What is the story about?
A teenager Anna is found dead at an orphanage home. Another young girl from the home, Nazeema is accused of murdering her. Nazeema is taken into police custody and is left at a juvenile detention centre. Meanwhile, a journalist, filmmaker Sherin is keen on filming an extensive documentary about the victims of child abuse but thinks twice about going ahead with it when she comes to know of her pregnancy. A traumatic incident at her apartment prompts her to get the project back on track. Talking to one child abuse victim after other, Sherin’s deeply disturbed by their plight. However, what connects Sherin to the story of Nazeema?
Feature films revolving around social issues run the risk of turning into documentaries when the dramatic element in the story isn’t compelling enough. Many filmmakers in the past have used their film as a dumping ground for all their research material while forgetting to string together an engaging narrative. Confessions of a Cuckoo, told through the eyes of a journalist moved by the plight of the victims of child abuse, is one such instance. The meandering plot neither tackles the social issue well nor engages the viewer completely.
When a friend in the story advises the lead character (journalist, documentary filmmaker) to make a feature film on child abuse instead of a documentary, the latter opines only a documentary would do justice to the subject. Perhaps, this is something that the director should have considered too. The film feels like a series of newspaper clippings about child abuse victims stitched together – one sob story after the other – and ends rather abruptly. The accounts leave a lump in your throat, but where’s the film here?
Sherin’s pregnancy, her husband who stays abroad, are almost forgotten beyond a point. The teenagers who molest Sherin at the apartment are conveniently let away. The film takes up an issue not having any clue about what to do with it. There’s zilch emotion and intensity, the writing is very amateurish, vague and barely evinces any interest. There’s a great germ of a story in it about a victim of abuse using her work as a medium of catharsis, but the execution is so morbid and dull that the film feels like a poorly made television soap.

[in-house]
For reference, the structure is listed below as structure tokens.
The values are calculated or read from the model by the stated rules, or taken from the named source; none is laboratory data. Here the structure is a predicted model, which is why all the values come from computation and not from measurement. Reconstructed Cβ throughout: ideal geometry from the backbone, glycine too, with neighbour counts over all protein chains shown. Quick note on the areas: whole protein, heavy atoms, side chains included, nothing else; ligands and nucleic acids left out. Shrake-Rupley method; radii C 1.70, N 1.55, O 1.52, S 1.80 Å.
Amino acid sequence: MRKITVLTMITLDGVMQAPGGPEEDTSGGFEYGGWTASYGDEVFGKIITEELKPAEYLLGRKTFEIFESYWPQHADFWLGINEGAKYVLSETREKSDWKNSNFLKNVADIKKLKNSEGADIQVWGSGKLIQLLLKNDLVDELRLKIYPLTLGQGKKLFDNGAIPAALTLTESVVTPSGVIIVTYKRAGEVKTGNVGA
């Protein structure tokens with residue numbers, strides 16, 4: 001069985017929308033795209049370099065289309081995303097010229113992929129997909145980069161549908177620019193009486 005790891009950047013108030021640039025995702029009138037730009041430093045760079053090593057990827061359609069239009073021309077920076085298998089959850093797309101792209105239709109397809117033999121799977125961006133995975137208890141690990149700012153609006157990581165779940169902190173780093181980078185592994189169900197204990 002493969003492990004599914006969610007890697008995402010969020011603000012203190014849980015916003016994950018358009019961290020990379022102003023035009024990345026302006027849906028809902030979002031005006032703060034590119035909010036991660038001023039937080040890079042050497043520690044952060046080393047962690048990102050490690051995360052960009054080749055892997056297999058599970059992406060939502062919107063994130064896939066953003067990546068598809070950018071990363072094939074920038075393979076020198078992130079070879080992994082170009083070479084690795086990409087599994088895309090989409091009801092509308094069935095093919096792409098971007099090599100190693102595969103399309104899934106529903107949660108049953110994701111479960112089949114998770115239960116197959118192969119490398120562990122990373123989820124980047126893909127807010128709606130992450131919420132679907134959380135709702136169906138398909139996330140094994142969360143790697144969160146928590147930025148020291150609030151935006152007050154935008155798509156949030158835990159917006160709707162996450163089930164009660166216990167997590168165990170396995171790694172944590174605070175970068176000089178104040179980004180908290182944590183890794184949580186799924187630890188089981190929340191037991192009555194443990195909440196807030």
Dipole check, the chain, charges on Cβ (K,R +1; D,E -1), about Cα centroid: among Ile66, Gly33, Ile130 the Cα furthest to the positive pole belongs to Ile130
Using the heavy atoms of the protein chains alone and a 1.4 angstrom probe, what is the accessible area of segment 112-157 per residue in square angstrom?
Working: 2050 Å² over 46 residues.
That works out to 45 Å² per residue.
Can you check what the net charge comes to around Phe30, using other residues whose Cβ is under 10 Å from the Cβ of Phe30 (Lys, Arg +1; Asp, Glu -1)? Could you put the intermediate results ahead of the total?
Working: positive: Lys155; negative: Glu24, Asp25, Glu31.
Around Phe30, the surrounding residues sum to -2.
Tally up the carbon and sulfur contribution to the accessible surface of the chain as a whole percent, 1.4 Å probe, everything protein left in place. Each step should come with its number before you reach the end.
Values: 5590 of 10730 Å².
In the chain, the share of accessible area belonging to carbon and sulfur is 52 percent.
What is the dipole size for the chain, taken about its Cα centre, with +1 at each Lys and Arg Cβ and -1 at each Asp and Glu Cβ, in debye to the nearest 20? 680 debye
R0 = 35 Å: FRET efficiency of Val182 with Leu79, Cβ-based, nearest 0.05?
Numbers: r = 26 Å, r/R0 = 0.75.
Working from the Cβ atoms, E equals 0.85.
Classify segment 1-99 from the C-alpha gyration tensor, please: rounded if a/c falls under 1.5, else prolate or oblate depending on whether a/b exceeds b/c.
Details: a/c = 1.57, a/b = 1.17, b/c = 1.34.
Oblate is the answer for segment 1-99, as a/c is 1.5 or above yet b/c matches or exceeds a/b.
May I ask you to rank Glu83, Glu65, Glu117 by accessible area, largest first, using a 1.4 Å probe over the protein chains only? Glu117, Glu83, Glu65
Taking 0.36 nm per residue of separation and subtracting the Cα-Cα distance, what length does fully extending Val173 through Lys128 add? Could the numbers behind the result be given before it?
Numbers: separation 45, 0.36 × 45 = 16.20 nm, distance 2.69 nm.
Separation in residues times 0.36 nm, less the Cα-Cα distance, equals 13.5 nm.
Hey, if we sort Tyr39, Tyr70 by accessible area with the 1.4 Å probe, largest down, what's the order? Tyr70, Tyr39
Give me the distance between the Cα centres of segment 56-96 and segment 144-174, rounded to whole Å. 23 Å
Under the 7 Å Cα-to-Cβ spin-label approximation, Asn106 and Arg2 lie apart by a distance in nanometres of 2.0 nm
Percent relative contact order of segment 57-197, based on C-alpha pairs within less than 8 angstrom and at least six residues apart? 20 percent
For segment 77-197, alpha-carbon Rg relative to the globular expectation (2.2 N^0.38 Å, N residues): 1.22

Perhaps it would have made for a gripping short film? The 90-minute duration certainly feels like an ordeal in its current shape. There’s no raciness in the storytelling at all, the characters are poorly etched. This Malayalam film should consider itself lucky to have found takers in the digital space. And films like these help you appreciate Imtiaz Ali’s Highway all the more – the intensity and honesty with which this feature film discussed child abuse within a commercial format is a golden standard in filmmaking that’s yet to be matched.
Durga Krishna, playing the protagonist Sherin, delivers a largely un-affecting performance shorn of any emotive value and has poor screen presence. She consistently wears a disinterested expression and there’s little sincerity from her part to get into the skin of her role. Arjun Nandakumar’s role in the film is an extended special appearance that does nothing to change the course of the story. Arjun Ravindran, cast in the role of Sherin’s husband, is hardly seen. Abhija Sivakala as the notorious principal of the orphanage home is just okay. The most impactful performances in the film come from its child actors – Prarthana Sandeep and Naharin Navas (as Anna and Nazeema).
Music & Other Departments
A couple of numbers from Aloshya Peter’s album are soothing and add value to the story. However, the background score is too old school to make any impact. Cinematographers Antony Jo and Raj Kumar do a relatively ordinary job in mounting the story - the visuals aren't even remotely arresting. The lazy screenwriting is the most disappointing side to the film.
- Performances of the child actors
- Germ idea of the story
- Executed more like a documentary than a feature film
- Extremely poor narration
- A vague screenplay
Did I enjoy it?
Do I recommend it?